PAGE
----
Friday, January 29, 2010

Review: Superman: Secret Origin #4 (of 6)

Superman: Secret Origin #4 (of 6)

Writer: Geoff Johns
Penciller: Gary Frank
Inker: Jon Sibal
DC
Released: January 27, 2010





So, this is a Superman comic, right? Superman is on the cover. The title is Superman: Secret Origin. Open it up to almost any page and you will find Superman or be near a page graced by Superman. This is a Superman comic, and a very good one, too, let's get that out of the way now. After reading it, however, I find myself not wanting to write about Superman, but about the character this comic seems to really be about, the one and only, world-famous intrepid reporter Lois Lane. I want to write about Lois.

I want to write about Lois Lane, specifically, the Lois we find in this issue, written by Mr. Johns and drawn by Mr. Frank and Mr. Sibal. When first we come upon our diligent journo, she is ensconced in cubicle, hunched over keyboard, tapping (no doubt, pounding) out an article, showing only a modicum of tolerance for the horde of colleagues that have descended around her asking ridiculous questions about this flying man that has arrived in Metropolis. Her desk contains the remnants of old take-out lunches, crumpled up papers, and post-it notes scribbled with reminders for her to pick up fish food and call her cousin. She is consumed, passionate, focused on the task at hand, and she suffers fools only as much as she has to, and barely then. She is at work to work. Lois is not one for hanging by the water-cooler discussing last nights episode of 'Idol'. She doesn't care if so-and-so in the mail room is dating what's-her-name in accounting, and she doesn't care if you care. She doesn't care about your social life. She barely has one of her own. This is Lois Lane at work.

The other aspect of this issues' portrayal of Ms. Lane that intrigued was how she was drawn. This is a comic, after all, and half the story, if not a majority of it, is told through the visual cues we are given by the creators. The artist on this book, Gary Frank, possesses a strong grasp of characterization and human anatomy, and he uses these gifts to bring to fruition a complete person on the page. He draws Lois as a beautiful woman, but it is a beauty that is strong, solid, and forceful, not soft or overwhelmingly twee. There is no glow radiating off of his Lois Lane, no artificial sweeteners to gloss over the realness of this woman. She is bold of expression and powerful in her movements. She is stylish in that way that big-city women in professional careers can be stylish, if they don't over-think matters. She is in a simple long-sleeve shift dress, her only accessories a pair of plain stud earrings and a plain brown leather slouch handbag. No jangly bracelets or strings of complicated necklaces to get in the way. No "It" bag with oversized logo adornments or horse-bits or grosgrain trim. This outfit took her all of two minutes to throw on. Her hair? Well, it's there on her head, falling in slightly askew flat ribbons of raven around her face, puddling into odd curls at her shoulders, her ears poking out at the sides, cutting through the black like shark's fins. If she looks in the mirror at all at any point in the day would be surprising, and somewhat disappointing. This Lois Lane is most attractive because her effortless beauty is not born out of genetic luck, but born out of her own intelligence and complete lack of self-consciousness.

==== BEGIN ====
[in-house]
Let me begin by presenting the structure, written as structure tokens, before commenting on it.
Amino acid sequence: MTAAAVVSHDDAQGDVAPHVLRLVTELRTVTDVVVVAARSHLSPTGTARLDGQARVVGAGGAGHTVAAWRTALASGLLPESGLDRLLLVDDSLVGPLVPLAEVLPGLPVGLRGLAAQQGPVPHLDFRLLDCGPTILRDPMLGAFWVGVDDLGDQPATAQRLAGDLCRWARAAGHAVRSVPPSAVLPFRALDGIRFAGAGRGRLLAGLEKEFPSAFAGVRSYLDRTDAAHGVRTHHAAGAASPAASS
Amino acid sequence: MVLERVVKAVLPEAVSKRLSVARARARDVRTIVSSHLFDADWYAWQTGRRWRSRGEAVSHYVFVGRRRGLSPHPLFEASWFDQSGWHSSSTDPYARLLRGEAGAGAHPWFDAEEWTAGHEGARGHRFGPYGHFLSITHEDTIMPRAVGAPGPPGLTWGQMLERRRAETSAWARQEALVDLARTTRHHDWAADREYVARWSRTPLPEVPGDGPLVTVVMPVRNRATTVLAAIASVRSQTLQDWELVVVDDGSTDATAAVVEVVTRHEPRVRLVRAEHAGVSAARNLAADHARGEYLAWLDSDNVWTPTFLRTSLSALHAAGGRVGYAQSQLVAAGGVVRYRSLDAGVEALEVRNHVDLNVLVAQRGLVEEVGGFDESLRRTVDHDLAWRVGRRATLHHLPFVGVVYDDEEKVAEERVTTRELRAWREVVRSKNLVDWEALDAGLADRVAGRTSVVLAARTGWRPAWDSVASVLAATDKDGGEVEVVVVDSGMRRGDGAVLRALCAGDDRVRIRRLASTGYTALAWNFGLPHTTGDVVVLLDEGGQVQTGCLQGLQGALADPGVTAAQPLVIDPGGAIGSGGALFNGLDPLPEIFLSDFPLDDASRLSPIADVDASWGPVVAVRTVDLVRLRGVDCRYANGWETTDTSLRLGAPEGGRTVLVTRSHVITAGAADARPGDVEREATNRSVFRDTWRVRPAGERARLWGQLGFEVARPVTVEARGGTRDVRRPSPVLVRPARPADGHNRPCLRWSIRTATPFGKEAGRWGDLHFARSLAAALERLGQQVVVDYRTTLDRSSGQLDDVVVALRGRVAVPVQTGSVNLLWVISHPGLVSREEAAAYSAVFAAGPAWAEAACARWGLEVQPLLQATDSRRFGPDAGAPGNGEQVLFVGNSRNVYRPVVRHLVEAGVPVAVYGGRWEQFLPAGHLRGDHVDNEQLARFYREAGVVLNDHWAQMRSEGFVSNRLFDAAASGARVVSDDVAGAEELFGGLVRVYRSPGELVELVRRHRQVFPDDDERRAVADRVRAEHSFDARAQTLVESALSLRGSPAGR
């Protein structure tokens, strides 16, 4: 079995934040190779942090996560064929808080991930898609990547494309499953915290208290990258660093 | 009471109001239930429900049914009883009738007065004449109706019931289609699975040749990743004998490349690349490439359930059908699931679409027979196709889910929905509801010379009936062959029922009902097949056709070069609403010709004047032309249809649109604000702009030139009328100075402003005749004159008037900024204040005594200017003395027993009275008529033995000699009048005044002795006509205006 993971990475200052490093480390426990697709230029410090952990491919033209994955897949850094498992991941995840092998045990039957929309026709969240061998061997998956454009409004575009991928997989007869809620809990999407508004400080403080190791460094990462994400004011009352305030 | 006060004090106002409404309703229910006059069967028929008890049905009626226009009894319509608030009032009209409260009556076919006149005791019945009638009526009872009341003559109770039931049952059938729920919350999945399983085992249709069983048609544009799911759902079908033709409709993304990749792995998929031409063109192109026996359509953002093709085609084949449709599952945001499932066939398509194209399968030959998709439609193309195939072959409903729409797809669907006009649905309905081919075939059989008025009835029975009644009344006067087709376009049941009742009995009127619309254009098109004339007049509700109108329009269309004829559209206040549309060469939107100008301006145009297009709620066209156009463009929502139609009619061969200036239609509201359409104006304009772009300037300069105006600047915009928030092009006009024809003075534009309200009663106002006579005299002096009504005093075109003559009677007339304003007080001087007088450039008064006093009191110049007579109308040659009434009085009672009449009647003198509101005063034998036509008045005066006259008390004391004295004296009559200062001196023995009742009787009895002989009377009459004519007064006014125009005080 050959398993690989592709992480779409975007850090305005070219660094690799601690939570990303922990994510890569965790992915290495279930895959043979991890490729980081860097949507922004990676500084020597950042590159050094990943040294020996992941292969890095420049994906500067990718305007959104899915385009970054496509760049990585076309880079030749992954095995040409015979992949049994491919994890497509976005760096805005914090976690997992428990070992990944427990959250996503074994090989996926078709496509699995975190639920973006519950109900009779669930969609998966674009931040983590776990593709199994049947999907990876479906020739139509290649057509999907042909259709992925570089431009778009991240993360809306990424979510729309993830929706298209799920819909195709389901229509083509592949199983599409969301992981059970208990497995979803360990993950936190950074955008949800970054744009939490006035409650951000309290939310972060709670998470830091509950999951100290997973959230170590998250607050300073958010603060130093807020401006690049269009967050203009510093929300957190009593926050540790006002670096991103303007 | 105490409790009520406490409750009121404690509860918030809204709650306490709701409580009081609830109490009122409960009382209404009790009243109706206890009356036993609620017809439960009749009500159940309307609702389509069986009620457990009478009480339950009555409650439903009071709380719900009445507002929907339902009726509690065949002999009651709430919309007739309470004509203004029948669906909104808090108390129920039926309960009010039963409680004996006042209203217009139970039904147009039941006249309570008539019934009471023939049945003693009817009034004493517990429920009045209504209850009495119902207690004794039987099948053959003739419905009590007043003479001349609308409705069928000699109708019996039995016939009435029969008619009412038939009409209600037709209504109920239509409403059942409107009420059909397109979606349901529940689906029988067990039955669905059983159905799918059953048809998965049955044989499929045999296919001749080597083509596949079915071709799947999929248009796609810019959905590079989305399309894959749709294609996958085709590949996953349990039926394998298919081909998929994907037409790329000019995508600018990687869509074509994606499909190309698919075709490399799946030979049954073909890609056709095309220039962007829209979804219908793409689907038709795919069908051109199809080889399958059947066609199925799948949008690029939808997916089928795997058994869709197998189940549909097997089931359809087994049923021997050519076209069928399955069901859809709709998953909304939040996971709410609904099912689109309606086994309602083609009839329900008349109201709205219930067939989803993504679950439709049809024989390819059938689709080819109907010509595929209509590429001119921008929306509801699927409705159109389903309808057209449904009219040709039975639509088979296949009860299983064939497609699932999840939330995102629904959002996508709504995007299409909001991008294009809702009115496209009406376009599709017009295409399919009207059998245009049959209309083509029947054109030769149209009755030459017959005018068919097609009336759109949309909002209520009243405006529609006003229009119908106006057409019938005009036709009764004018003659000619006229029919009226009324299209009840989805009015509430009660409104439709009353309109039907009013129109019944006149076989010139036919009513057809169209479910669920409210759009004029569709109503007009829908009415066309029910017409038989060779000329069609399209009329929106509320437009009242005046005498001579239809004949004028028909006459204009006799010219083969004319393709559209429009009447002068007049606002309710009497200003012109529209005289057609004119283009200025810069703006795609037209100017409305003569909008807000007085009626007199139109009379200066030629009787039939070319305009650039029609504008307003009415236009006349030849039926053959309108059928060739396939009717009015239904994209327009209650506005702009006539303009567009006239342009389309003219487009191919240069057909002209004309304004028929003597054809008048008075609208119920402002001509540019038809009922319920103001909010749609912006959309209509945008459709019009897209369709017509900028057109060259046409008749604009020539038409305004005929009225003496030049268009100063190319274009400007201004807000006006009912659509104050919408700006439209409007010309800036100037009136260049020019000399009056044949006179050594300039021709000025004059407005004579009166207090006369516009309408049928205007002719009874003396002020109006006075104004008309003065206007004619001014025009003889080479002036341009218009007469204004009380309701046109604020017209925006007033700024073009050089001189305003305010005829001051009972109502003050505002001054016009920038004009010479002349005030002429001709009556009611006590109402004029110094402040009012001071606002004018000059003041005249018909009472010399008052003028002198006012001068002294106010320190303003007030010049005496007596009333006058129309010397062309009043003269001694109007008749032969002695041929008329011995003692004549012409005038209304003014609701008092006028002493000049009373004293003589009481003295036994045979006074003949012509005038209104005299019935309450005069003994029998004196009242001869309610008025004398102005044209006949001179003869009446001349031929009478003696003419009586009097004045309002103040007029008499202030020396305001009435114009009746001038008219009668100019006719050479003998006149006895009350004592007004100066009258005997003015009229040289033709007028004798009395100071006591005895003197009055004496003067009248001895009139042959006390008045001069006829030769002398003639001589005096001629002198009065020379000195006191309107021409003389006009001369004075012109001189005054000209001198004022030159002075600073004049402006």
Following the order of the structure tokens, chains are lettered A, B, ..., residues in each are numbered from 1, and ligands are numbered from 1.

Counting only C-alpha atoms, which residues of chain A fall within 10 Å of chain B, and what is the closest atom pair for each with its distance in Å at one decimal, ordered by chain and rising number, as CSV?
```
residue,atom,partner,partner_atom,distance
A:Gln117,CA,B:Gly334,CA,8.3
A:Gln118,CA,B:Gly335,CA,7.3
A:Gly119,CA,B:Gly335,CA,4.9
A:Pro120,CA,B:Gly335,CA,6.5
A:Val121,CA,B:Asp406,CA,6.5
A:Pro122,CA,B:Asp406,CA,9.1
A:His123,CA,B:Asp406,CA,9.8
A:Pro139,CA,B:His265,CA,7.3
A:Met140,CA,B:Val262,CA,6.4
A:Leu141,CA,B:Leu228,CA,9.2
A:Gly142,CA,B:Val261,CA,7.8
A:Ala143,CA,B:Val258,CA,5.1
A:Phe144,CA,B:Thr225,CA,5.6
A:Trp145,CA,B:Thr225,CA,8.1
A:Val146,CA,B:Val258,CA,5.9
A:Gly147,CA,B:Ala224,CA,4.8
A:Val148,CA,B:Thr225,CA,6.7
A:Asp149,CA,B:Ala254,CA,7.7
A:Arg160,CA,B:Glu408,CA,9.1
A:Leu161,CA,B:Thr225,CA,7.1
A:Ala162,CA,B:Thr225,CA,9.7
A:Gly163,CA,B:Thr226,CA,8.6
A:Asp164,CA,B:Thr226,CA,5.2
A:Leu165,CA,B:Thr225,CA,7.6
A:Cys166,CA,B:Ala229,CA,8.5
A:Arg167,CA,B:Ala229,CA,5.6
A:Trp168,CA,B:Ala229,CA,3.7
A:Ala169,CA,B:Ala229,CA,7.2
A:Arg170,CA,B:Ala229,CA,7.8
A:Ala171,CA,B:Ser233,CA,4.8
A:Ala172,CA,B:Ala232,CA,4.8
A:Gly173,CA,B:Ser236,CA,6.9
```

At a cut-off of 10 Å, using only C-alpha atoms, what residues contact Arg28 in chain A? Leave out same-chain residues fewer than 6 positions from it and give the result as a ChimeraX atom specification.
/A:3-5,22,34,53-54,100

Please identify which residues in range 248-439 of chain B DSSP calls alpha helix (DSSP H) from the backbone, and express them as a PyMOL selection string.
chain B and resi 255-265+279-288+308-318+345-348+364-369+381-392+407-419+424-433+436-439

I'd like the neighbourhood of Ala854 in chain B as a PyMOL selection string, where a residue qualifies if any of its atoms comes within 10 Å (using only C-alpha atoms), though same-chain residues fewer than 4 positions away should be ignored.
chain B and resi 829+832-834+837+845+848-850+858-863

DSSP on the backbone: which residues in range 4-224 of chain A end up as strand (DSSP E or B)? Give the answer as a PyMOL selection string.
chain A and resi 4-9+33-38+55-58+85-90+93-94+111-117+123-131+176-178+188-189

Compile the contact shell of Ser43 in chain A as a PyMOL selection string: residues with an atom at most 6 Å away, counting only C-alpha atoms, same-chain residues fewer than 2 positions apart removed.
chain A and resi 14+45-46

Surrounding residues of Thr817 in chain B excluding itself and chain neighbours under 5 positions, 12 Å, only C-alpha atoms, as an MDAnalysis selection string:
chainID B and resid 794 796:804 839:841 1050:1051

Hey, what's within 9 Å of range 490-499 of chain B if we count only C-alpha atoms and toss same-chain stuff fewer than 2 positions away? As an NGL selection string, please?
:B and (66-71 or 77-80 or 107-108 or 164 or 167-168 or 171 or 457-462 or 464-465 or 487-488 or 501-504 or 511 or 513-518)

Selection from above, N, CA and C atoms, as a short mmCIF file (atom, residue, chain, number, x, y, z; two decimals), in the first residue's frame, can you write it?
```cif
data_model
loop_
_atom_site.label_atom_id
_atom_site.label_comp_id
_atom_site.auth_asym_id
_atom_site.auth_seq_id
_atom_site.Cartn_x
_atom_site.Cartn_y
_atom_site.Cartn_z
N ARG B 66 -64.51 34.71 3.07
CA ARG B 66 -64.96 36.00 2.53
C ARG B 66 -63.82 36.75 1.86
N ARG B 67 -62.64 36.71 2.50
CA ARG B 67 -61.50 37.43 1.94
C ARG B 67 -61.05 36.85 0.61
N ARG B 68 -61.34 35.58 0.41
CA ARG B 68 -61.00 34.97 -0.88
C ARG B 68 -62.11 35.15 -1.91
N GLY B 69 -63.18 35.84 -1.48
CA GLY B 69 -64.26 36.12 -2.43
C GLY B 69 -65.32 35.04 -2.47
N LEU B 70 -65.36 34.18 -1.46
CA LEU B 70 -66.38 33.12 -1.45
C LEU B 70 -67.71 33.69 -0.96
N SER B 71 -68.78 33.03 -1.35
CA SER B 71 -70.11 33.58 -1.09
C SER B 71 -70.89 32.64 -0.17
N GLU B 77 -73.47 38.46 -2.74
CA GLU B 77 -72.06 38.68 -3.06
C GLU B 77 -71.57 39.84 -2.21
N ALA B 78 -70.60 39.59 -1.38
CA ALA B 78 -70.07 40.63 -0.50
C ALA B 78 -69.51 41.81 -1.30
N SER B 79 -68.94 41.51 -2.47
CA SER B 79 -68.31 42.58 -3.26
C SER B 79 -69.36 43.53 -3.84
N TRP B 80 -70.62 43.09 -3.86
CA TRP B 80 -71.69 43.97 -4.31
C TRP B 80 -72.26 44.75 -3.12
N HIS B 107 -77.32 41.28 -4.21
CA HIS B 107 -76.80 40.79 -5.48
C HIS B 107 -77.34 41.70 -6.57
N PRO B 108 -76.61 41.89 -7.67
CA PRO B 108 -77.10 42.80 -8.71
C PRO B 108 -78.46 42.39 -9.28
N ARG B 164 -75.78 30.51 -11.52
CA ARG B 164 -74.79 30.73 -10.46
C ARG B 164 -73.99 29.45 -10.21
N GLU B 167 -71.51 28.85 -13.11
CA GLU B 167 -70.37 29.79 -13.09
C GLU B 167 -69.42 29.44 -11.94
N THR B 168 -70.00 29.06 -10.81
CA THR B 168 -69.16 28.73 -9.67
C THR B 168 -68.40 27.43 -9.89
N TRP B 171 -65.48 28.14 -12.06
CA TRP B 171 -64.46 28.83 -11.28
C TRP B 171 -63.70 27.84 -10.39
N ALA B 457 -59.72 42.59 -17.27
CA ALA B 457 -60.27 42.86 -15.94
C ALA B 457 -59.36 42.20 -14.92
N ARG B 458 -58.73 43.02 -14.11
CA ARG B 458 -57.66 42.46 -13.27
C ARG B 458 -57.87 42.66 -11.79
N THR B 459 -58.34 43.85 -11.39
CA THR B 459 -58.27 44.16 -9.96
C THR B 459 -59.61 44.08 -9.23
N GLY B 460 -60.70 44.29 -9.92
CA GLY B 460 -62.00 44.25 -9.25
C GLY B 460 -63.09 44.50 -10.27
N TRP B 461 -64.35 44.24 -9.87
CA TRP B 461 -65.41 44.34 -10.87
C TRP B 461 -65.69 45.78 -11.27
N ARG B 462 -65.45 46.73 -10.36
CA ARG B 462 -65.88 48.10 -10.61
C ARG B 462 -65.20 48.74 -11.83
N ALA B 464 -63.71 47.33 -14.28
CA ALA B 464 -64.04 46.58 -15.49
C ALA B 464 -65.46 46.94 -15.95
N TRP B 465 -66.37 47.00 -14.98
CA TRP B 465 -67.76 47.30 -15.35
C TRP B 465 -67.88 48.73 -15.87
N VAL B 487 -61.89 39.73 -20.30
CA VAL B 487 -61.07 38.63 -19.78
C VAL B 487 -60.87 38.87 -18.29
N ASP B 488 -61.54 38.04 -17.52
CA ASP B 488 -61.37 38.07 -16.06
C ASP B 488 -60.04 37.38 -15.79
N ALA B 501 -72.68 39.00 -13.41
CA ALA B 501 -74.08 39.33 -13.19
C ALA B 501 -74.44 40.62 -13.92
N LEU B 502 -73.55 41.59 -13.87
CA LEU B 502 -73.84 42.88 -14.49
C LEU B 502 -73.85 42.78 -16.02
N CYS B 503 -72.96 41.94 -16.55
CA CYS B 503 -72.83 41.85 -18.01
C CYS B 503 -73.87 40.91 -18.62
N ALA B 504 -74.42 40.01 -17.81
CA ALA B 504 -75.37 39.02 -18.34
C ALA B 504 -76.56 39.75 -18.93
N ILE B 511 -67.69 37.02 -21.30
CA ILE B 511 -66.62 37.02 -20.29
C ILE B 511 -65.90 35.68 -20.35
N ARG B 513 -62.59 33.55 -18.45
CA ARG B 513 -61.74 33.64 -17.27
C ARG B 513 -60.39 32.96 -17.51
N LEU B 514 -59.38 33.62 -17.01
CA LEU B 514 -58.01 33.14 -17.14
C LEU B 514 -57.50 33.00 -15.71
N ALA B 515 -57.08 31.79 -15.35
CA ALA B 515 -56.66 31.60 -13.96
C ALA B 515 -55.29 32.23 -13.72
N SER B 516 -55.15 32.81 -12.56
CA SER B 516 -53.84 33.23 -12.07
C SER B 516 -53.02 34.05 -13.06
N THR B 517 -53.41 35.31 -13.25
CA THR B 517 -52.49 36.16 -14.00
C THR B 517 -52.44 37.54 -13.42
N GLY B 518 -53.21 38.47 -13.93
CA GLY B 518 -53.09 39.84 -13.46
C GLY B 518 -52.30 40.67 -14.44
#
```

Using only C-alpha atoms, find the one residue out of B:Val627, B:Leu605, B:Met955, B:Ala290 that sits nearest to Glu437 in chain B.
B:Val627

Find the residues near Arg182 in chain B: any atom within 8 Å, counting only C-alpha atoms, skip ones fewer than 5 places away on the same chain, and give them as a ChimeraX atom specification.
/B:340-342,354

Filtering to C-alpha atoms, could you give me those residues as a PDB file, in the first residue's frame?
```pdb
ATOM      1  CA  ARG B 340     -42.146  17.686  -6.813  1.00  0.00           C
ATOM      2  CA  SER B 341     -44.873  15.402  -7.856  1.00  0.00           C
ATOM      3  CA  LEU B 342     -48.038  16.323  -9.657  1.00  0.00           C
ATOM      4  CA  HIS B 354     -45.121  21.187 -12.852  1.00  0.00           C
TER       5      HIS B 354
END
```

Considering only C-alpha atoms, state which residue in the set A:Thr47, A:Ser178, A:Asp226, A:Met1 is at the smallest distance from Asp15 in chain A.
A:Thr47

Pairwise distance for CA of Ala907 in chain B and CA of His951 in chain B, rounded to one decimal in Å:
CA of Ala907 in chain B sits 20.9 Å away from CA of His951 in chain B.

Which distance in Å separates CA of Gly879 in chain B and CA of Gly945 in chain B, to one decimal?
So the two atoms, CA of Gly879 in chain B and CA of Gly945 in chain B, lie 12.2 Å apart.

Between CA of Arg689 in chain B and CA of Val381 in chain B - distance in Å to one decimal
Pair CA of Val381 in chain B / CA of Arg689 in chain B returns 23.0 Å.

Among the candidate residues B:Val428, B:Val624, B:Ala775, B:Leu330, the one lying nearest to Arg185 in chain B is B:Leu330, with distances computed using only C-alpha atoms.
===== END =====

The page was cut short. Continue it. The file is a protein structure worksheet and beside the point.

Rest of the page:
Oh, that's right. Superman. Yeah, he's in this issue, too. He flies. He punches. He looks great in blue and red. It's classic Superman and it feels right, especially since this is the only comic bearing his name on the shelves right now that actually features the man himself. Pity that DC doesn't seem to get that this is the kind of Superman comic we really need more of. This is the classic cast of characters, reunited, and it feels so good. The gang's all here; Perry White, Jimmy Olsen, Clark Kent, some guy in a cape with his underwear on the outside of his clothes, and this one woman, this one amazing, stunning, remarkable woman, named Lois Lane. To paraphrase Marlene Dietrich, I'm falling in love again, never wanted to, but I can't help it.
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1 comment:

  1. Great review! I tried resisting the charms of this comic, but it's pointless. It's pretty wonderful.

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